The Baptism of the Lord

Some Christians are celebrating the Baptism of the Lord today, on the octave of the Epiphany.   The feast brings to mind a favorite story of mine.  (If you know me and have heard this a hundred times, you’ll just have to bear with me.)

 On Christmas Eve, 1968, [John McCaffery] drove his live-in truck (complete with wood stove) to San Francisco to deliver a handmade gift to a woman friend….  When he arrived at [the Holy Order of MANS, where she was living] McCaffery was told his friend was not yet home and asked if he would like to wait for her inside….  When his friend returned, he gave her the gift and accepted her invitation to meet [Father Paul Blighton] in his second floor office.  As he was walking up the stairs, McCaffery later recounted, he began to experience a mounting euphoric feeling that left him “barely able to breathe” by the time he reached the second-floor landing.  His friend then introduced him to her teacher, whereupon McCaffery sat down and began to sob uncontrollably.  After pulling himself together, the embarassed young man made an offhand remark about having read the Bible and having found Jesus to be a “great guy.” Without warning, and with complete disregard for social niceties, Blighton, who had been silent up to this point, thundered, “I don’t give a DAMN if he was a great guy – does it WORK?”  McCaffery, a man not given to displays of emotional vulnerability, again collapsed into tears.  (from Phillip Charles Lucas, The Odyssey of a New Religion: The Holy Order of MANS from New Age to Orthodoxy, pp. 69-70)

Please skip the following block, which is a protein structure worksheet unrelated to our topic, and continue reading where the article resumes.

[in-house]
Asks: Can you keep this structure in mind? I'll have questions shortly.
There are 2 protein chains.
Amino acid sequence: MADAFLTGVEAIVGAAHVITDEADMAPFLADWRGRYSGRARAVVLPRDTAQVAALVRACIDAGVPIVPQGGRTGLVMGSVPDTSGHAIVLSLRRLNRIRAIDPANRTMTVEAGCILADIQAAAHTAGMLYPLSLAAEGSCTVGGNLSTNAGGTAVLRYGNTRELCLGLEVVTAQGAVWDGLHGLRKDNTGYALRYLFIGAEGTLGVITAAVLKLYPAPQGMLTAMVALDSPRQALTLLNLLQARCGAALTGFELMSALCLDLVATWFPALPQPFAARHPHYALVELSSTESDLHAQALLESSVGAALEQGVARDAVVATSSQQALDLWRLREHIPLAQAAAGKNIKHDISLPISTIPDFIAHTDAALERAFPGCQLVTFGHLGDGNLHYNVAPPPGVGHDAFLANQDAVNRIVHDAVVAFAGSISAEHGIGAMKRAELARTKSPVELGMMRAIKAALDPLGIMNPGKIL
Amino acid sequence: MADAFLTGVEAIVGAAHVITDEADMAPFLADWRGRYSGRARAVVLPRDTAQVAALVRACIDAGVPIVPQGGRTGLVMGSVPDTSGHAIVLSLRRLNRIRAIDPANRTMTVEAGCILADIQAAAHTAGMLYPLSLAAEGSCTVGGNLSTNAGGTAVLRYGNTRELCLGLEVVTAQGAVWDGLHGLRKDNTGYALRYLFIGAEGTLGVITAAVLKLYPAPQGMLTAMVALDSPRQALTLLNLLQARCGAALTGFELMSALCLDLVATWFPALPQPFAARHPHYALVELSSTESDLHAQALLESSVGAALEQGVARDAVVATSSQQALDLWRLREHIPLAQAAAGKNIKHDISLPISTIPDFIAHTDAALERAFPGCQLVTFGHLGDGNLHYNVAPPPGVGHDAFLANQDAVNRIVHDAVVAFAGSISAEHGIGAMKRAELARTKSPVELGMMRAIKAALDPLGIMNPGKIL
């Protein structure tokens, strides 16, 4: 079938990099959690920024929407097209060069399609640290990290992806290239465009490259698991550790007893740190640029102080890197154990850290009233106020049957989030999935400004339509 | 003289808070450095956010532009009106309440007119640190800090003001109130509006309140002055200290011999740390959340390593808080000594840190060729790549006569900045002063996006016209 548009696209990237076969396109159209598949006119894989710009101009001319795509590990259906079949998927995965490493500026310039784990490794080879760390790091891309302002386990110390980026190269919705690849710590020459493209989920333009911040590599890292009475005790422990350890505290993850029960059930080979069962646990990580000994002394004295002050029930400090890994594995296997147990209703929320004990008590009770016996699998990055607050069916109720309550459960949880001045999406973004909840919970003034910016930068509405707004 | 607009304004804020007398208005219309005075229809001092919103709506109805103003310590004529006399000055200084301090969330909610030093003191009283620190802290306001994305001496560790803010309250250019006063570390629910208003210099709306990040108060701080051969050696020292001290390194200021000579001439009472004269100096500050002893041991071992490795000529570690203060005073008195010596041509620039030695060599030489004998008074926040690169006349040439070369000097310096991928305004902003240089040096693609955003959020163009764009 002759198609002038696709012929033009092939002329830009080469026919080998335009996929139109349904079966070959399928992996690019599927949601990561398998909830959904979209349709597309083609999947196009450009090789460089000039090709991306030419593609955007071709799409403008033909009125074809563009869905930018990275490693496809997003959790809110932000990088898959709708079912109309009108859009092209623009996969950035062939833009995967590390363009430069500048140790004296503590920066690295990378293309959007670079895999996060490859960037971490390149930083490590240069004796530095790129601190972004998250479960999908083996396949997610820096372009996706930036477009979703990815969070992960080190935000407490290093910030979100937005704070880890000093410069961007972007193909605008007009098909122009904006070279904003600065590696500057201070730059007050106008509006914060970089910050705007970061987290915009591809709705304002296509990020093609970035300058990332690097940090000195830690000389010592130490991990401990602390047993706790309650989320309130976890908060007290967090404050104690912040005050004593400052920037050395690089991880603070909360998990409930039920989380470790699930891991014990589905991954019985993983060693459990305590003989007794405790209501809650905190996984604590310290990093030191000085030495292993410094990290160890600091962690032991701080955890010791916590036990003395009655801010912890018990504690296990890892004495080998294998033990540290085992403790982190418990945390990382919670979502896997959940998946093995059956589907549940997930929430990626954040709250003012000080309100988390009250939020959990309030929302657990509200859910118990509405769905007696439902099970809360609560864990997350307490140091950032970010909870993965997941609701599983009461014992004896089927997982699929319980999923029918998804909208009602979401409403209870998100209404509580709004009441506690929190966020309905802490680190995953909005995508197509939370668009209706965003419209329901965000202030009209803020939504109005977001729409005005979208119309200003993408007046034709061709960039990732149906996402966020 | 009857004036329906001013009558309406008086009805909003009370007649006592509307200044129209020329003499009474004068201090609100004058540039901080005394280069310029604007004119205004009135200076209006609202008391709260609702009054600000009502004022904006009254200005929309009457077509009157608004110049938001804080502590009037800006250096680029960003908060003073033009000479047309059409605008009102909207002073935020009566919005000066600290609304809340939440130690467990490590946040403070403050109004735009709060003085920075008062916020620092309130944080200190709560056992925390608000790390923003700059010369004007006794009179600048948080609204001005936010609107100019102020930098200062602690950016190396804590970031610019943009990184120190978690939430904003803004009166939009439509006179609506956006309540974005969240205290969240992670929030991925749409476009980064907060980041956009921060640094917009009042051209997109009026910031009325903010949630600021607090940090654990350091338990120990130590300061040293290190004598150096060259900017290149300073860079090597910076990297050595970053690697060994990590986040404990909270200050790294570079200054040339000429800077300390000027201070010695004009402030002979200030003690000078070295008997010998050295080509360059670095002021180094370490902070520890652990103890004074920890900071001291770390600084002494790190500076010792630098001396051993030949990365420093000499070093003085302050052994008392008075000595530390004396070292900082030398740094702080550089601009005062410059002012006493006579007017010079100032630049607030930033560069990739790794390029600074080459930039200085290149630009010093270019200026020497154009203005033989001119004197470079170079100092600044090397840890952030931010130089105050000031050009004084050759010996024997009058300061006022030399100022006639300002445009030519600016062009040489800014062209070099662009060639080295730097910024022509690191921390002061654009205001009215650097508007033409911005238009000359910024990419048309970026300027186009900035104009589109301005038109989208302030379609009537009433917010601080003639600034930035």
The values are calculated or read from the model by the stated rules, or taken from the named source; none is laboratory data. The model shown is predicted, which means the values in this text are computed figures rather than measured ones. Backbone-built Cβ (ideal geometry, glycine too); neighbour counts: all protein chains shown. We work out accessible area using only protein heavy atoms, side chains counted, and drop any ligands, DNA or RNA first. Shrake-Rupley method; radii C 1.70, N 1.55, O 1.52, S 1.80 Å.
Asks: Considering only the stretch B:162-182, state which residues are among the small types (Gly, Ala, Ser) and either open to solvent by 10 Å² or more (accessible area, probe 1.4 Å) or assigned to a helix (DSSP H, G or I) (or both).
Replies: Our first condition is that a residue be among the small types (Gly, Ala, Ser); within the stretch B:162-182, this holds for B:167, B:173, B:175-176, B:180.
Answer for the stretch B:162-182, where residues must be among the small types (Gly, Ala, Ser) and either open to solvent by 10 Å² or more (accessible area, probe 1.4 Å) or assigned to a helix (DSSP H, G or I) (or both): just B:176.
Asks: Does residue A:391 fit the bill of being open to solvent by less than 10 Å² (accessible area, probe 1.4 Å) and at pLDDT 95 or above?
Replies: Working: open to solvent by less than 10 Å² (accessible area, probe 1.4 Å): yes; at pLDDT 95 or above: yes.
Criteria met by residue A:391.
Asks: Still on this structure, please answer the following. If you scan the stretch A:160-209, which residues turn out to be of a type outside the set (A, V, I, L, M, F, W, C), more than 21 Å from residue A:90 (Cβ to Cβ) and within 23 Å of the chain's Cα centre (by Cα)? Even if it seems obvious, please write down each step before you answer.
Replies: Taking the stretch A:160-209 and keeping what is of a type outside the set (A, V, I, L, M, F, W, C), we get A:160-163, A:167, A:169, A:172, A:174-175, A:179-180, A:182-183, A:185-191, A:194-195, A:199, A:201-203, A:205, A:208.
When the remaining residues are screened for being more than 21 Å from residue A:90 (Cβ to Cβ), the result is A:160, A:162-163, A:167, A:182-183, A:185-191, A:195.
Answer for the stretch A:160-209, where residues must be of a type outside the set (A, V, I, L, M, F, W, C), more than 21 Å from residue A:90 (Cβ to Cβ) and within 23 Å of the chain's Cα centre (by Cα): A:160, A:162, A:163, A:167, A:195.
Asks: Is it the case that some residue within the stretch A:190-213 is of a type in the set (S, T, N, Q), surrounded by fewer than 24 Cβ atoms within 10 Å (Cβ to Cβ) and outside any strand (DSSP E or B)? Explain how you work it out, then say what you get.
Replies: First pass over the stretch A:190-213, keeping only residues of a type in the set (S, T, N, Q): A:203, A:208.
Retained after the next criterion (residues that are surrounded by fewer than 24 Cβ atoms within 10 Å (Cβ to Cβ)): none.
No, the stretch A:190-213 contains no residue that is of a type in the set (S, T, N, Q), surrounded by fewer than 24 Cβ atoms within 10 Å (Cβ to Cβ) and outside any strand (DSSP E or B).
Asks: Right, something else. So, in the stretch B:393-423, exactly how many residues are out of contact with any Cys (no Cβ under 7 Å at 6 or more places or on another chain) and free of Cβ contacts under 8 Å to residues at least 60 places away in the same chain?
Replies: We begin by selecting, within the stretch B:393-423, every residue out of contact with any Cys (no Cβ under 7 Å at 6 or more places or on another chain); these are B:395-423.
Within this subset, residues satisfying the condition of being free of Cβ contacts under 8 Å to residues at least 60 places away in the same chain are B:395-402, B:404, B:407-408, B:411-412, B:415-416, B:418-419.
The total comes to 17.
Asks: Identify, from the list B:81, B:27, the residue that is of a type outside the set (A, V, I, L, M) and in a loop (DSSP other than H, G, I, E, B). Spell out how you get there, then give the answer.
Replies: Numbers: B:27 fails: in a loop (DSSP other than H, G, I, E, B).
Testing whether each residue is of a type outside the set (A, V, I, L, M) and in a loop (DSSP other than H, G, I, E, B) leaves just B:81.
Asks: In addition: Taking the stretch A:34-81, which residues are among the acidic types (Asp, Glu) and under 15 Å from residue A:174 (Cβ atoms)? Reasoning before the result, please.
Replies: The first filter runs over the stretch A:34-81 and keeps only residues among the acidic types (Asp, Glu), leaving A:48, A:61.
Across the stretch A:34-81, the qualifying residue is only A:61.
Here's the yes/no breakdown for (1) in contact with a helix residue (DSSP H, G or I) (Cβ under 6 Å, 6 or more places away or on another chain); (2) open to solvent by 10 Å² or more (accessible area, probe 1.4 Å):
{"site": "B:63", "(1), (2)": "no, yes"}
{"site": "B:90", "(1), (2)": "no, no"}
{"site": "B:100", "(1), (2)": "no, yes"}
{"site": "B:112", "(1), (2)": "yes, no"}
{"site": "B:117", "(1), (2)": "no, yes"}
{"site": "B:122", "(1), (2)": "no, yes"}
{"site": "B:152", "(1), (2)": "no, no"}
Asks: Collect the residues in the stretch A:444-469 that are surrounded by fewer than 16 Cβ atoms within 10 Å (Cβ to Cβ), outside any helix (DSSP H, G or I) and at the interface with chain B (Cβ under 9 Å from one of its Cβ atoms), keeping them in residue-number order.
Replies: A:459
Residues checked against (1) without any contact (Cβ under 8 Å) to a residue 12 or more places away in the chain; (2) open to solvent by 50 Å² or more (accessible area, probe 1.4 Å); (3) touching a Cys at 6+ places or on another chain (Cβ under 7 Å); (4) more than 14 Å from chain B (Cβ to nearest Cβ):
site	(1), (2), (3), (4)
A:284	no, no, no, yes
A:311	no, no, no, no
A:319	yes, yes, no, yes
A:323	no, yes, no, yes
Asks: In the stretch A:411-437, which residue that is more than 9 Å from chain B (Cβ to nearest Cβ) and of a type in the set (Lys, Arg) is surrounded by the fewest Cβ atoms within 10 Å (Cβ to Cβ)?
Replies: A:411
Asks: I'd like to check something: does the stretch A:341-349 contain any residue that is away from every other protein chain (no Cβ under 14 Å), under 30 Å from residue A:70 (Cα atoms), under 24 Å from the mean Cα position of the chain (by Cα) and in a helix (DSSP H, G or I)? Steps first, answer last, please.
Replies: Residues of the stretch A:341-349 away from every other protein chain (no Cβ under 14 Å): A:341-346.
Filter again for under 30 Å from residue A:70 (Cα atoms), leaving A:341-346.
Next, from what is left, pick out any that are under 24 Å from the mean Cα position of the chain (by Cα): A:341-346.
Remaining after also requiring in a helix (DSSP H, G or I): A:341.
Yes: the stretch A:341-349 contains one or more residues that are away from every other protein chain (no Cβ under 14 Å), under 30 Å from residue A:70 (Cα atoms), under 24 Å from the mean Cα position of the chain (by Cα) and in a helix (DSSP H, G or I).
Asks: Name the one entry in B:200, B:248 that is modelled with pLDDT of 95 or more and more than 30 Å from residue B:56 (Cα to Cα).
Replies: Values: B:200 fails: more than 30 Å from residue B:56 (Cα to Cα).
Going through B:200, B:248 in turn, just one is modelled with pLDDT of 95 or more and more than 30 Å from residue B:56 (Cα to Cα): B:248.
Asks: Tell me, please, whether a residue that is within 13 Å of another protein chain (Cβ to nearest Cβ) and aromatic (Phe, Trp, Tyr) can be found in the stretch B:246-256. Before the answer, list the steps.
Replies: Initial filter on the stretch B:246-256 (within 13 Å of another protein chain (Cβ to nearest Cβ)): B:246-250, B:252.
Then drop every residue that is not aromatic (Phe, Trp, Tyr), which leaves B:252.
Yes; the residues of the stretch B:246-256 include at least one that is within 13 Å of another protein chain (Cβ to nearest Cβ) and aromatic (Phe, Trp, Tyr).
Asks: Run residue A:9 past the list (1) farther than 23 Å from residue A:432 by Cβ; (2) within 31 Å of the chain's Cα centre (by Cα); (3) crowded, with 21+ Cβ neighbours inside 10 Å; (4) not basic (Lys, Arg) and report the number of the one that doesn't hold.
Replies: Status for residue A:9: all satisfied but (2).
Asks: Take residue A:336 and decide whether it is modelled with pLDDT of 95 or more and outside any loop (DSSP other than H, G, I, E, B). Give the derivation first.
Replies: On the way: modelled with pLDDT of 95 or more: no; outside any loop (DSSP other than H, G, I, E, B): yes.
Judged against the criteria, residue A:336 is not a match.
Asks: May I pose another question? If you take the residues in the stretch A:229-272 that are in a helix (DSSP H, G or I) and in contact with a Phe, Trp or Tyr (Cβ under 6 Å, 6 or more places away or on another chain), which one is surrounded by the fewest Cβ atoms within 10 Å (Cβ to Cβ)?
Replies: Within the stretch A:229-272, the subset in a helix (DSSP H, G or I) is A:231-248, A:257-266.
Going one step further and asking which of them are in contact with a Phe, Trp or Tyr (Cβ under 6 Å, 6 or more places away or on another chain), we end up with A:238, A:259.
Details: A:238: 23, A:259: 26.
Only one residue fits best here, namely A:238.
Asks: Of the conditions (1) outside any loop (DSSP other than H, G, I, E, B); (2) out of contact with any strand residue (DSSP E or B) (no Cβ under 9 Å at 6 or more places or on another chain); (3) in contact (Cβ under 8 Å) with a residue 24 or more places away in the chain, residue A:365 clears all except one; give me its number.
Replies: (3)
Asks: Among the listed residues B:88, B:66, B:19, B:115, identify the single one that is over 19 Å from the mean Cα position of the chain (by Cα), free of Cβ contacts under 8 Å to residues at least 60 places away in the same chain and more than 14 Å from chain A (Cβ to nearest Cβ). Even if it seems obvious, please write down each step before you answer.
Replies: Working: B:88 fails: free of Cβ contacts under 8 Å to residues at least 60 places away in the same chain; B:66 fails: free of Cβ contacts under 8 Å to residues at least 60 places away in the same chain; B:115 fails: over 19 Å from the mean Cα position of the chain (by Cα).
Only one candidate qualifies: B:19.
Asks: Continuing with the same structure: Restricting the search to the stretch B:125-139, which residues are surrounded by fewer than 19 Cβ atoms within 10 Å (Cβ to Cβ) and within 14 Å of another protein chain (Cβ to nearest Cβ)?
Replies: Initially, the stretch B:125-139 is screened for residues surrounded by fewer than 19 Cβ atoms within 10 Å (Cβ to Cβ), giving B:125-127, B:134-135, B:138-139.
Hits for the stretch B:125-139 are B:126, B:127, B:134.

McCaffery went on to be ordained, and is currently serving as an Orthodox priest in East Syracuse, New York. 

In the gospel accounts of the baptism of Jesus, the heavens open, the Spirit descends, and a radical new ministry begins.  In fact, some Christians (Shakers, anthroposophists, etc) have held that the baptism, rather than the birth, was the moment of the divine incarnation in Jesus.  Regardless, something definitely “worked.”  

We often find ourselves standing as John the Baptist welcoming Jesus into the waters of the Jordan, or Father Paul welcoming John McCaffery into his office.  We may not know the potential of the person who stands before us or how God’s activity will alter this life.  Nonetheless, we are called upon to open the gateway for the transformative power of the Spirit to flow, to wash over the person, infusing them with grace, enabling them to know the reality of their being as a son or daughter of God, working in them in ways beyond any expectation or control.

As we celebrate this feast, can we see the Spirit descending?  Can we hear God’s voice calling forth a new identity, a new mission in our lives, and in those we serve?

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